We hypothesized that neighborhood socioeconomic context would be most strongly associated with risk of myocardial infarction (MI) for smaller "neighborhood" definitions. We used data on 487 non-fatal, incident MI cases and 1873 controls from a case-control study in Washington State. Census data on income, home ownership, and education were used to estimate socioeconomic context across four neighborhood definitions: 1 km buffer, block group, census tract, and ZIP code. No neighborhood definition led to consistently stronger associations with MI. Although we confirmed the association between neighborhood socioeconomic measures and risk of MI, we did not find these associations sensitive to neighborhood definition.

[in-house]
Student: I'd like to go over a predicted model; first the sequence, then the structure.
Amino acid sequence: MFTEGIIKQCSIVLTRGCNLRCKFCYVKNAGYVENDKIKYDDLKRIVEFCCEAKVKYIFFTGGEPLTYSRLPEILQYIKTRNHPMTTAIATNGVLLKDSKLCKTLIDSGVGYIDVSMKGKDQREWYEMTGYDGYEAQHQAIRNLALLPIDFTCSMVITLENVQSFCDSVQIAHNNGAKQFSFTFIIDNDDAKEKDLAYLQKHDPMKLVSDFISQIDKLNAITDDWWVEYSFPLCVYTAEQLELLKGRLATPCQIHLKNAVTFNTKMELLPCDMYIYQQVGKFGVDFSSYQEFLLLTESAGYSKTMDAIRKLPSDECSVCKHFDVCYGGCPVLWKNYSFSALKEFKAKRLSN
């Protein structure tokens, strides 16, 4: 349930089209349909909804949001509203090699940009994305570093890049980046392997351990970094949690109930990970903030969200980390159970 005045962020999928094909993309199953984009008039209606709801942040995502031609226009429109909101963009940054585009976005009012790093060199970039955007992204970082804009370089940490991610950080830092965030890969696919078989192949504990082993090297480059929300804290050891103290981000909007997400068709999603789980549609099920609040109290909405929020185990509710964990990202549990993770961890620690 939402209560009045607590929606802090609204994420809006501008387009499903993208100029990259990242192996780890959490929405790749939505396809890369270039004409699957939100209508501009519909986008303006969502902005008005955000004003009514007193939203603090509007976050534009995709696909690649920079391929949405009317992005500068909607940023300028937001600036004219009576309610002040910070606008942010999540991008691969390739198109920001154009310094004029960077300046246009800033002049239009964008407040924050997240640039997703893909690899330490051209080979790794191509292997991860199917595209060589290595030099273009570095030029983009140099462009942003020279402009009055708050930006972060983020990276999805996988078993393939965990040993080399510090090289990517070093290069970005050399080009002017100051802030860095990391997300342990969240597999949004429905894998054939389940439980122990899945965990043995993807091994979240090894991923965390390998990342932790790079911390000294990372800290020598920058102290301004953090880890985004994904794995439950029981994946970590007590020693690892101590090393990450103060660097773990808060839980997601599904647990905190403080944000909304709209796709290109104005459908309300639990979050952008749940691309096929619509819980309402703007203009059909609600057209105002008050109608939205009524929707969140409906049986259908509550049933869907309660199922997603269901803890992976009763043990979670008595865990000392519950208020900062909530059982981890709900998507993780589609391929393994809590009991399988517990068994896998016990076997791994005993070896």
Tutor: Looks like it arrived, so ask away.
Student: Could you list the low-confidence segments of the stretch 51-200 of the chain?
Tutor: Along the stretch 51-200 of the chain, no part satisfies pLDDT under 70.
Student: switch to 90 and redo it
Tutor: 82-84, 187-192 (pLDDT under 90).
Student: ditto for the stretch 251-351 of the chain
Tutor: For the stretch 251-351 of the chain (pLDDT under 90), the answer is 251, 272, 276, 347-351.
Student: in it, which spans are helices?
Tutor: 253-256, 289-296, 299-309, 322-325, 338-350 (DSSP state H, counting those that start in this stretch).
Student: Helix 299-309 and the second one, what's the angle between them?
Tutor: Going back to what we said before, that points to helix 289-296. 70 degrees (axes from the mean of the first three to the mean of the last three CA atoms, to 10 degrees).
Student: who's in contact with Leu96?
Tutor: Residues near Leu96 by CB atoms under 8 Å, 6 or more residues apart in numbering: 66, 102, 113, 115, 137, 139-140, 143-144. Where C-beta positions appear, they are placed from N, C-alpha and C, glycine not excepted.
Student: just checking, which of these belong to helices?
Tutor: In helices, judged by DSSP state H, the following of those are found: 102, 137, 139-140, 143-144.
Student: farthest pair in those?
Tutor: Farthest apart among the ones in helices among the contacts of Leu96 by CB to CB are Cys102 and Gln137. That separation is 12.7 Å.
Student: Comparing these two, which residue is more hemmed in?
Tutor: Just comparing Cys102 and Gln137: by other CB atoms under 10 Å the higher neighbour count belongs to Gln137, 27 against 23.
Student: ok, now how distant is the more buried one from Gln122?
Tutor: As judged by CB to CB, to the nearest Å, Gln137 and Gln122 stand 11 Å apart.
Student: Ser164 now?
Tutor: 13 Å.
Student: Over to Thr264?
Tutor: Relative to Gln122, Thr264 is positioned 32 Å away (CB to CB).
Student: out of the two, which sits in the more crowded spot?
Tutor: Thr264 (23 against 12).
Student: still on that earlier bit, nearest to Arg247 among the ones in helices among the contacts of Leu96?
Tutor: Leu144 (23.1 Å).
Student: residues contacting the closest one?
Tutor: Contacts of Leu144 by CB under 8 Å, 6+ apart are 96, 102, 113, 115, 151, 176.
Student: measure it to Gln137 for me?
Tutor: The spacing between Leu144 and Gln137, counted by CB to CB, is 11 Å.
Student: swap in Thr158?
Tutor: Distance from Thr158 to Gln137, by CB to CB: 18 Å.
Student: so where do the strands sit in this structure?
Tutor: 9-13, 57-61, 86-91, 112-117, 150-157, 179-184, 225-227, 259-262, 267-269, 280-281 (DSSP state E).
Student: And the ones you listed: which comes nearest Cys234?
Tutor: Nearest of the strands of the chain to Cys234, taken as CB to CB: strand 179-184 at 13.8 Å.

All Science Journal Classification (ASJC) codes
- Health(social science)
- Sociology and Political Science
- Life-span and Life-course Studies